Conversation on race encourages church, audience to consider dismantling white privilege
The nominee for the next general minister and president of the United Church of Christ asked a group of participants to consider how their lives might be changed if the color of their skin were different. The Rev. John C. Dorhauer raised that notion during a monthly dialogue involving leaders, pastors and peers of the denomination that encouraged them to openly discuss race and racism in society and religion.
“As a white person in our racial culture, I never had to process my story through the lens of race. And for people who are not white, every day is a story how their life is processed through the lens of race,” said Dorhauer.
An hour-long webinar on Wednesday, May 20, attended by people in Amistad Chapel UCC in downtown Cleveland and online focused on the topic of white privilege and race. This, the last conversation in a four-part series, “Our Possessive Investment in Whiteness” examined how white privilege affects the church. Dorhauer, currently conference minister of the Southwest Conference of the UCC, was the lone presenter.
“There is this concept that ‘whiteness’ is the norm. There is a complicit understanding in America that whiteness is the norm, and other races are judged by their relative comparativeness or conjunction with what is ‘white,'” Dorhauer said. “The other part to understanding white privilege is that whiteness has a cash value. We need to understand that skin color alone carries a cash value attached to it.”
Growing up in St. Louis, Dorhauer saw and identified strands of racism within his family. “My childhood was a recitation of a white father, a white mother, a white uncle and a white grandfather teaching me what it meant to be white and what it meant to be black,” he said. During the Civil Rights Movement, Dorhauer said his father opined on which black leaders were “palatable.”
Dorhauer said he was able to dismantle his white privilege and understand how it impacted his life. He eventually taught a course at Eden Theological Seminary, a UCC seminary in Webster Groves, Mo., on the topic.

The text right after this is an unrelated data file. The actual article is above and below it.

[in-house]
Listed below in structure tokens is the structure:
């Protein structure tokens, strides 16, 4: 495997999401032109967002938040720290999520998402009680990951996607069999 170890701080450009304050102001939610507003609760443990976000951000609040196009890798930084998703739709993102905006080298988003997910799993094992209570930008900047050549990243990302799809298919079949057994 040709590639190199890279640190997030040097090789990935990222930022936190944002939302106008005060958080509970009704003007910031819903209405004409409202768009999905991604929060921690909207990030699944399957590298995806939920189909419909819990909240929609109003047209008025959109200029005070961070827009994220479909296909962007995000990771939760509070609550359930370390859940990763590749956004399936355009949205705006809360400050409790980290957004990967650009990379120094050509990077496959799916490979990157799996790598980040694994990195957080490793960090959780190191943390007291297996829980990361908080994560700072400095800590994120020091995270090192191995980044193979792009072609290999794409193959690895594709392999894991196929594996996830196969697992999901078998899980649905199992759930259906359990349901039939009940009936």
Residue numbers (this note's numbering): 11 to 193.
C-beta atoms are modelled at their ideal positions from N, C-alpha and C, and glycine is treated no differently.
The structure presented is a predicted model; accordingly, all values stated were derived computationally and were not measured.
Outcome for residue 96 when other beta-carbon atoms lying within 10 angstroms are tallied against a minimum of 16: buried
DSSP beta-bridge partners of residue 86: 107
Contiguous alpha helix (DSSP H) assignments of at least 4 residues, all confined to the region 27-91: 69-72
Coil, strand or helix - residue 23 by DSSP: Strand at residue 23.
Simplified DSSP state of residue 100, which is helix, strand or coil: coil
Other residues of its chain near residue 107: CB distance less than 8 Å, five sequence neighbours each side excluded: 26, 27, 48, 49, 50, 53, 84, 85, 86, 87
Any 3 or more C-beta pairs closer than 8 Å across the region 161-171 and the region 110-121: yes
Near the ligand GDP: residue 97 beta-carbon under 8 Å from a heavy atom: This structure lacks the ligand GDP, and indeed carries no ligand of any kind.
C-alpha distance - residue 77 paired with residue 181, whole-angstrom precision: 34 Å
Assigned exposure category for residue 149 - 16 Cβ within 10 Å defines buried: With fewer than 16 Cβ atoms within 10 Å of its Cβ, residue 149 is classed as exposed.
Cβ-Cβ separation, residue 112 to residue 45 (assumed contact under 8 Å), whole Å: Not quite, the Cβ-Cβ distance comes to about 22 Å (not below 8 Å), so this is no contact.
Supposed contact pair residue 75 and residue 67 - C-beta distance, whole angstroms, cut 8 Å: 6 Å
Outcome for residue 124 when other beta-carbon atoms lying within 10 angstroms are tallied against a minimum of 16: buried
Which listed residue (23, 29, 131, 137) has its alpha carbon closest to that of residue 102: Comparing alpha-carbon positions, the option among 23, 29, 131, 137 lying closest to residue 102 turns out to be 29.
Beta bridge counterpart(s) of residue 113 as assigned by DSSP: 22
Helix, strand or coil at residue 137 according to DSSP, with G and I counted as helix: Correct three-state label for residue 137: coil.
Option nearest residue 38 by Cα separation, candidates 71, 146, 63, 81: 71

“Each day at the end of class I would tell the students the same thing,” Dorhauer said. “‘When you come back, all I want you to do is answer one question: ‘What did you see?’ The test is their ability as white students to see what they had not seen before.”
The Western Reserve and Eastern associations of the Ohio conference of the UCC hosted the series of conversations, titled “The Reconciliation Project”, with UCC Justice and Witness Ministries. The project aimed to bridge the gap in understanding communities of color and the denomination’s mostly-white church communities on race and race-related issues.
The first conversation, on Feb. 18 at the Amistad Chapel, focused on the Theology of Anti-Racism. The March 18 topic shifted to Faith Communities, Politics and Race, while the third session on April 15 featured a presentation on Race, Policing and Communities of Faith.
Each conversation was taped and will be made available online for those who were not able to attend, while allowing the conversation and sharing of resources to continue. Read more about “The Reconciliation Project” on the Western Reserve and Eastern Ohio Association website.
“I can’t help but process everything through this lens now. I ask which actor or actress has the lead in a movie or show, or what news is being covered and what race is the anchor,” Dorhauer added. “I can no longer filter it, and will no longer filter it.”
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